-
Another object of my invention is to provide
.means whereby the received picture is not marred
by over-accentuation of the contrast between the
edges ofv an object, and the background which
~ gives a “has-relief" effect.
'
A still further object of my invention is to
55 provide means whereby the illumination of the
sixty per second.
'
Obviously, if the signal impressed upon the
control electrode of the cathode-ray tube is of
the general type exempli?ed by Fig. 2 of the
2
8,188,990
'
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_
drawings the change in the grid-potential will
not be su?iciently rapid to make the details .of
appropriate'points on which extend connections
the view “crisp”. That is to say, if the over-all
high frequency response of the system is de?cient,
detail will be lost. Again, referring to Fig. 3,
if the signal is of the type exempli?ed thereby,
Ampli?ed picture-signals are impressed upon
the control-grid of the cathode-ray tube from
the second ampli?er tube. Preferably, the‘cou
pling network is of the resistor-condenser type
and if the cathode ray is scanning the screenv
horizontally fromileft to right as viewed from
the exterior of the tube, it will cause the left
10 hand edges of objects in the view to be over
accentuated to give the so-called has-relief effect.
If the low frequency response of the system is
includinga resistor 45 and an inductor 41 in series
in the output circuit of the ampli?er tube, a
stopping condenser 40 and a grid-leak 5|.
Between the ?rst and second ampli?er tubes I
interpose a coupling network constructed in ac
cordance with my invention. This network. in its
deficient. the ampli?ers do not “hold up” during
broadest aspect, is also of the resistor-condenser
the time required for a single vertical de?ection of
15 the cathode ray from top to bottom of the screen.
and the signal “drops off” as exempli?ed by Fig. 4
of the drawings. This dropping off causes the
lower portion of the view to be shaded and, if the
response is extremely poor, all detail may be lost
in the shaded portion.
'
from the various tube-elements.
type but in it are included a number of im
portant modi?cations. In the ?rst place, the
output circuit of the ?rst ampli?er tube includes.
in series between the anode thereof and the
potential source 23, a ?rst resistor 53, an inductor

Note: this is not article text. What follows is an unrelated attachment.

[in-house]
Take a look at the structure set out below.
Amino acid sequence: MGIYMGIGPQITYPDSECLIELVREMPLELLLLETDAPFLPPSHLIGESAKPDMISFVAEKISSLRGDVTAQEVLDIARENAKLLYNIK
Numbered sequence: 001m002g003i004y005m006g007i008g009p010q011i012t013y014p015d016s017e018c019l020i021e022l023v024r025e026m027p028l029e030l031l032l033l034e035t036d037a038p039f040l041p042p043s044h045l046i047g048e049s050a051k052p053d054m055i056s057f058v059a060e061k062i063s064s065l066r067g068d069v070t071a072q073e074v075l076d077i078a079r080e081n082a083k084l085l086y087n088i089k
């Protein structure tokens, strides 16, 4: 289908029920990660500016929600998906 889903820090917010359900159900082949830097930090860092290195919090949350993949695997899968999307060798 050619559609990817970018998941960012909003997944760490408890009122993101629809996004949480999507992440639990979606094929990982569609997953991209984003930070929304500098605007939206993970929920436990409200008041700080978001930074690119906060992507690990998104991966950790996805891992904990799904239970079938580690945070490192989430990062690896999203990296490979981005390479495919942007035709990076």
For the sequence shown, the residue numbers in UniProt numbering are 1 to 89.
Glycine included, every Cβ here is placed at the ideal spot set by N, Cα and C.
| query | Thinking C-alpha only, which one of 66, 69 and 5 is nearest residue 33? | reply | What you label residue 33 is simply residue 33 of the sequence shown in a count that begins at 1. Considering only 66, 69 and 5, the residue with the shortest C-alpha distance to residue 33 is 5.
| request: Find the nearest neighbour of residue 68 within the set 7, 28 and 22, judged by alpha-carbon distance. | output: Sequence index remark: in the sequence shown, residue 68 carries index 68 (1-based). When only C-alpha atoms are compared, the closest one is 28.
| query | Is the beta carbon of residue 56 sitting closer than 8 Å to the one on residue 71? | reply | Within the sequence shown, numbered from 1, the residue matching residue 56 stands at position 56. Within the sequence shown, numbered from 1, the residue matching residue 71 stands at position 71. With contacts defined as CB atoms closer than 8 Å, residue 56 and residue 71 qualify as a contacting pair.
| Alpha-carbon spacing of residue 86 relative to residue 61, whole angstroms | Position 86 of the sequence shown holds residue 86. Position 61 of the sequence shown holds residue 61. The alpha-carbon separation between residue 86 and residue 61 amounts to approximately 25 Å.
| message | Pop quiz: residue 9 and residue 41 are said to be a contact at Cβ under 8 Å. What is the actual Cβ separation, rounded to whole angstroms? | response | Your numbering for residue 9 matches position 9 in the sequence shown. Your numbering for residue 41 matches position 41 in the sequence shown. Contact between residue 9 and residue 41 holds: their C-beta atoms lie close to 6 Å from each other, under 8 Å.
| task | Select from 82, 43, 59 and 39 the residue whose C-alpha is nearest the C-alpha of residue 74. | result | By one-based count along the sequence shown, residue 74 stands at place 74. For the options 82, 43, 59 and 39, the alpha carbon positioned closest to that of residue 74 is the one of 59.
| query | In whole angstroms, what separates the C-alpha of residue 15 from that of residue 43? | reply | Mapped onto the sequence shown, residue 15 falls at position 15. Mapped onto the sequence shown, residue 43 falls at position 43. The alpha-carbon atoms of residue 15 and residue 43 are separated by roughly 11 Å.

55 and a second resistor“. A small capacitor
59 is connected between the low potential end 20
of the inductor and the cathode of the tube for
Having the foregoing in mind, it should now
be‘ apparent that if the frequency-response of the
cathode-ray tube itself, or that of an amplifying
hereinafter. The inductor is of such value that
stage immediately preceding the tubeogould be
it is tuned, by the stray capacity‘ between the
altered at will any irregularity in'the over-all
response of the preceding portion of the system
could be compensated. No further explanation
of this fact should be necessary since it is obvious
that Fig. 3 is complementary to Fig. 2 and that
30 Fig.5 is complementary to Fig. 4, insofar as fre
quency response compensation is concerned.
Referring now to Fig. 6 of the drawings, a
television receiver constructed according to my
invention may include a picture-signal source I,
35 'a plurality of cascade connected picture-signal
amplifying tubes 3 and 5 and a cathode-ray tube
1. The source may be understood as being any
suitable device or series of devices capable of
demodulating an incoming carrier-wave to pro
40 vide plural-frequency picture signals or capable
of amplifying the picture signals themselves,
a purpose that will be explained in more detail
anode of the tube and ground, to the‘ highest 25
picture-frequency expected and around it is con
nected a variable resistor 5|. - The adjustment
oi’ the variable resistor determines the “peaking”
effect of the inductor upon the frequency response
of the second ampli?er tube. When the resistor 30
is adjusted to substantially zero resistance the
inductor has no effect; when the resistance is
maximum the high-frequency response of the
amplifier is also maximum. Also, the peaking‘
e?ect depends upon the value of the resistor 55 35
connected directly to the anode of the ?rst am
plifler, being greater the lower the resistance
thereof. In an actual embodiment of my inven
tion the upper, or anode resistor 53 has amag
nitude of 1500 ohms, the lower resistor 51 a mag
nitude of 10,000 ohms and the inductor an in
cathode 9, a control-grid II, a suppressor grid
ductanoe of approximately 800 microhenries.
In order to control the low frequency response
of the second ampli?er tube I subdivide the grid
leak resistor thereof into a ?xed portion 63 and
a variable portion 55. The resistance of the ?xed
l3 and an anode IS.
portion is- high enough, approximately 15,000
without demodulation, if. no carrier wave is uti
lized.
Preferably, the first ampli?er tube is of the
45 screen-grid pentode type, having an equipotential
The second amplifying tube may be of the
same type but for purposes of simplicity it has
50 been illustrated in the drawings as a triode having
an equipotent-ial cathode IT, a control-grid l8
and an anode ‘M.